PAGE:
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Intrapallidal dopamine restores motor deficits induced by 6-hydroxydopamine in the rat

  • A. Galvan
  • B. Floran
  • D. Erlij
  • J. Aceves
Article

Summary

To explore whether dopamine deficits in the globus pallidus have a role in generating the motor symptoms of Parkinson’s disease, we examined the effects of selective intrapallidal administration of dopamine or its antagonists in rats unilaterally lesioned with 6-hydroxydopamine into the medial forebrain bundle. Either the turning behavior induced by apomorphine or the deficit in the performance of a skilled forelimb-reaching task was used as assay for drug action. Microinjection of either the D2 receptor antagonist, sulpiride, or the Dl receptor antagonist, SCH-23390, into the dopamine-denervated pallidum significantly reduced apomorphine induced turning. In animals trained to perform a skilled forelimb-reaching task, 6-OHDA lesions caused a marked motor deficit in the contralateral forelimb. Intrapallidal dopamine applied either intermittently or continuously, restored up to 50% of the motor performance. Continuous application promoted a motor recovery that outlasted dopamine administration. These results show that lack of dopamine in the GP plays an important role in generating the motor symptoms caused by lesion of dopaminergic pathways. Moreover, motor recovery was produced by selectively injecting dopamine into the globus pallidus.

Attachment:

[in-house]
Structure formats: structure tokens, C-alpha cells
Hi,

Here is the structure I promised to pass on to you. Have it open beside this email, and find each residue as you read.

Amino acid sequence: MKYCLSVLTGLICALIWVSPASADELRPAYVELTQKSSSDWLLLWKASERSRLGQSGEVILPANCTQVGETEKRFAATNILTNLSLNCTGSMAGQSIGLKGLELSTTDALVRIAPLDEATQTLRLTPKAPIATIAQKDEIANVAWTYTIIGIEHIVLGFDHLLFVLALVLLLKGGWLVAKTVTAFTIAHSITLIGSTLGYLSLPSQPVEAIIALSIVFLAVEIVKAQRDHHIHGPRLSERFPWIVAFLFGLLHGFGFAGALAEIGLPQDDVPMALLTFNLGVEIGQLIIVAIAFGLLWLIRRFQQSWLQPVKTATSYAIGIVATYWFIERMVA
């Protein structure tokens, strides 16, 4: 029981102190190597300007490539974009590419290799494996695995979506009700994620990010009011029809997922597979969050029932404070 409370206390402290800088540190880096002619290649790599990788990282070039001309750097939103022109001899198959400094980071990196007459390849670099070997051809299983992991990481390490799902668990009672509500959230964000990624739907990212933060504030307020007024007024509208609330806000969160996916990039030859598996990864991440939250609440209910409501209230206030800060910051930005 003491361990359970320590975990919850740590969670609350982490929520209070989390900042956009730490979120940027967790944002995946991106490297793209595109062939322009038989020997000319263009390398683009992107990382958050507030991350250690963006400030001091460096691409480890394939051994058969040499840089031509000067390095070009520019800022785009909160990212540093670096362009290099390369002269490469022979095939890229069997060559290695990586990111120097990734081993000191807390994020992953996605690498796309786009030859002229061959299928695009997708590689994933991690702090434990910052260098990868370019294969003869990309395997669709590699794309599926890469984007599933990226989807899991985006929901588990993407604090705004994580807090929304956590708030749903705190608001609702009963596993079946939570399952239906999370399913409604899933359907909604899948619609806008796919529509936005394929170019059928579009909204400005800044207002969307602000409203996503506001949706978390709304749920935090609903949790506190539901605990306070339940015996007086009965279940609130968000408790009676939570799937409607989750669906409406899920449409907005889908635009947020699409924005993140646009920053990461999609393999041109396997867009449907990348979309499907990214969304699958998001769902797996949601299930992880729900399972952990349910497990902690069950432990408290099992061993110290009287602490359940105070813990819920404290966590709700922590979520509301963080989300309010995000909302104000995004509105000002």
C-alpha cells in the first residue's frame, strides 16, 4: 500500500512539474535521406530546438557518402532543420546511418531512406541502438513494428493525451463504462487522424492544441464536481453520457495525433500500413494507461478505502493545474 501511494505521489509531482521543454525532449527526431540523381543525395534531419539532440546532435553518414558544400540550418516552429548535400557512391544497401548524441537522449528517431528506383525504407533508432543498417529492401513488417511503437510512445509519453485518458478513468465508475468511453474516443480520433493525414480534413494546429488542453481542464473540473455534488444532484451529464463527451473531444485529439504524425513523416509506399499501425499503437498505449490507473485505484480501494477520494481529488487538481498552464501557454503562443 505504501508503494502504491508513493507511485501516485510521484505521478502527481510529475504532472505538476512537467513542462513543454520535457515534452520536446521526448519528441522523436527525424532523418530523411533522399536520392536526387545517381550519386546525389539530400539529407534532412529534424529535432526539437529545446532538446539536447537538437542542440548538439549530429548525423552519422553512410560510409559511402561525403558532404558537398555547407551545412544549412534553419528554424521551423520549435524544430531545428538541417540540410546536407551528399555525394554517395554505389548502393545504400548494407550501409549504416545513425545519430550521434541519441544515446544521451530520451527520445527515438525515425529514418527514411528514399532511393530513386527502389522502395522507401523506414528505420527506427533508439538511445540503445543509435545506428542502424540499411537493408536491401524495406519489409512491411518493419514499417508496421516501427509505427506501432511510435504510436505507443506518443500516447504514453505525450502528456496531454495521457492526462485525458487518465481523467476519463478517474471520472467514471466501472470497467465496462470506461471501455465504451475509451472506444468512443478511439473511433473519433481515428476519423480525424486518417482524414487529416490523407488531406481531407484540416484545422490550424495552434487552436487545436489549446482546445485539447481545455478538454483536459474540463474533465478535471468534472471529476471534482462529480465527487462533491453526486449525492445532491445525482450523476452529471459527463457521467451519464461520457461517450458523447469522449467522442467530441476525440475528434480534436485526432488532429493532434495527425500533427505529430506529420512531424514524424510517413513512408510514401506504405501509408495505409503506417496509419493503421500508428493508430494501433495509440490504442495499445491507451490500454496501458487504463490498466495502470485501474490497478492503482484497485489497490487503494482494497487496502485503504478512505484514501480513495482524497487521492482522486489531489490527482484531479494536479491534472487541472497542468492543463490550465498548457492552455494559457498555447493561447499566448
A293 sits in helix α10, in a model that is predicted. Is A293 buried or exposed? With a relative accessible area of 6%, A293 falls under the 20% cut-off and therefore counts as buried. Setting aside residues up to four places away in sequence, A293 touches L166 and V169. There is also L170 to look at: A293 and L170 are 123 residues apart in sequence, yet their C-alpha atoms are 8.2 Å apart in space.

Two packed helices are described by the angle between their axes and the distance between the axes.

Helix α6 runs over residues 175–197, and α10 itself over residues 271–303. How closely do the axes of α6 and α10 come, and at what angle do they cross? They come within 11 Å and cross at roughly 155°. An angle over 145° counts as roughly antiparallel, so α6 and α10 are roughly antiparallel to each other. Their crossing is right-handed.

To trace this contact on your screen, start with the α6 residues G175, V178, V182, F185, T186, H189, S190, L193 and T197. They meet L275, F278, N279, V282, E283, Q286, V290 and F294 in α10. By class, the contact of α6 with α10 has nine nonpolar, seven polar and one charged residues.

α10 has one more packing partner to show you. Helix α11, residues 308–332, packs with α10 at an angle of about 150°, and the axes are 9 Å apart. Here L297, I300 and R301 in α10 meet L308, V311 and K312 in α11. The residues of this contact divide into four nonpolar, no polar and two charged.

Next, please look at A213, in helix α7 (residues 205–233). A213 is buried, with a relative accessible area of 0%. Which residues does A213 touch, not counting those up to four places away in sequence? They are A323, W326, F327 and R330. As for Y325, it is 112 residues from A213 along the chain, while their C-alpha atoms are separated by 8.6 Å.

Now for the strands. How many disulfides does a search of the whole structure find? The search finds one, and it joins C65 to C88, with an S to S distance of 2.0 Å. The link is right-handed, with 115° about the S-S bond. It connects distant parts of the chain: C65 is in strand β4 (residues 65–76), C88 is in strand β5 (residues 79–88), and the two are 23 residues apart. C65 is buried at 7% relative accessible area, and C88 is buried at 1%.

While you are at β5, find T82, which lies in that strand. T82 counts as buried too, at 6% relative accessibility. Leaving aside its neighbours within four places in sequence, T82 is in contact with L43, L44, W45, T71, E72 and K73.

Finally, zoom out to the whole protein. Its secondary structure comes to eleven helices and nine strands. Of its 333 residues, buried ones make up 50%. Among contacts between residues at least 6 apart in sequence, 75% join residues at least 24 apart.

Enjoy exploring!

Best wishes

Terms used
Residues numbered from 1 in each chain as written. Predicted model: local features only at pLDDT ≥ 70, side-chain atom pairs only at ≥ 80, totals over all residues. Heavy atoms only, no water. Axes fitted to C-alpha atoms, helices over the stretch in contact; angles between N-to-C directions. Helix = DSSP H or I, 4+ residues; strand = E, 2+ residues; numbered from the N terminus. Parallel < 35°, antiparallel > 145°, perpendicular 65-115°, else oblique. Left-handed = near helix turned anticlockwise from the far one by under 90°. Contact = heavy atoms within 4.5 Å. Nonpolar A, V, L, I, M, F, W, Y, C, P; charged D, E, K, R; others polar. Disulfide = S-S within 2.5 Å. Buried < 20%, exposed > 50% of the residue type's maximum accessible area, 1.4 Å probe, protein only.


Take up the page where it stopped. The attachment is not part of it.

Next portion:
Keywords

Dopamine dopamine Dl receptors dopamine D2 receptors GABA globus pallidus Parkinson’s disease turning behavior staircase test 

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Copyright information

© Springer-Verlag 2001

Authors and Affiliations

  • A. Galvan
    • 1
  • B. Floran
    • 1
  • D. Erlij
    • 2
  • J. Aceves
    • 1
    • 3
  1. 1.Departamento de FisiologíaBiofísica y Neurociencias, Centro de Investigatión y de Estudios Avanzados del Instituto Politécnico Nacional, México D. F.México
  2. 2.Department of PhysiologySUNY Downstate Medical CenterBrooklynU.S.A.
  3. 3.Department of PhysiologyCINVESTAV-IPNMéxico D.F.México

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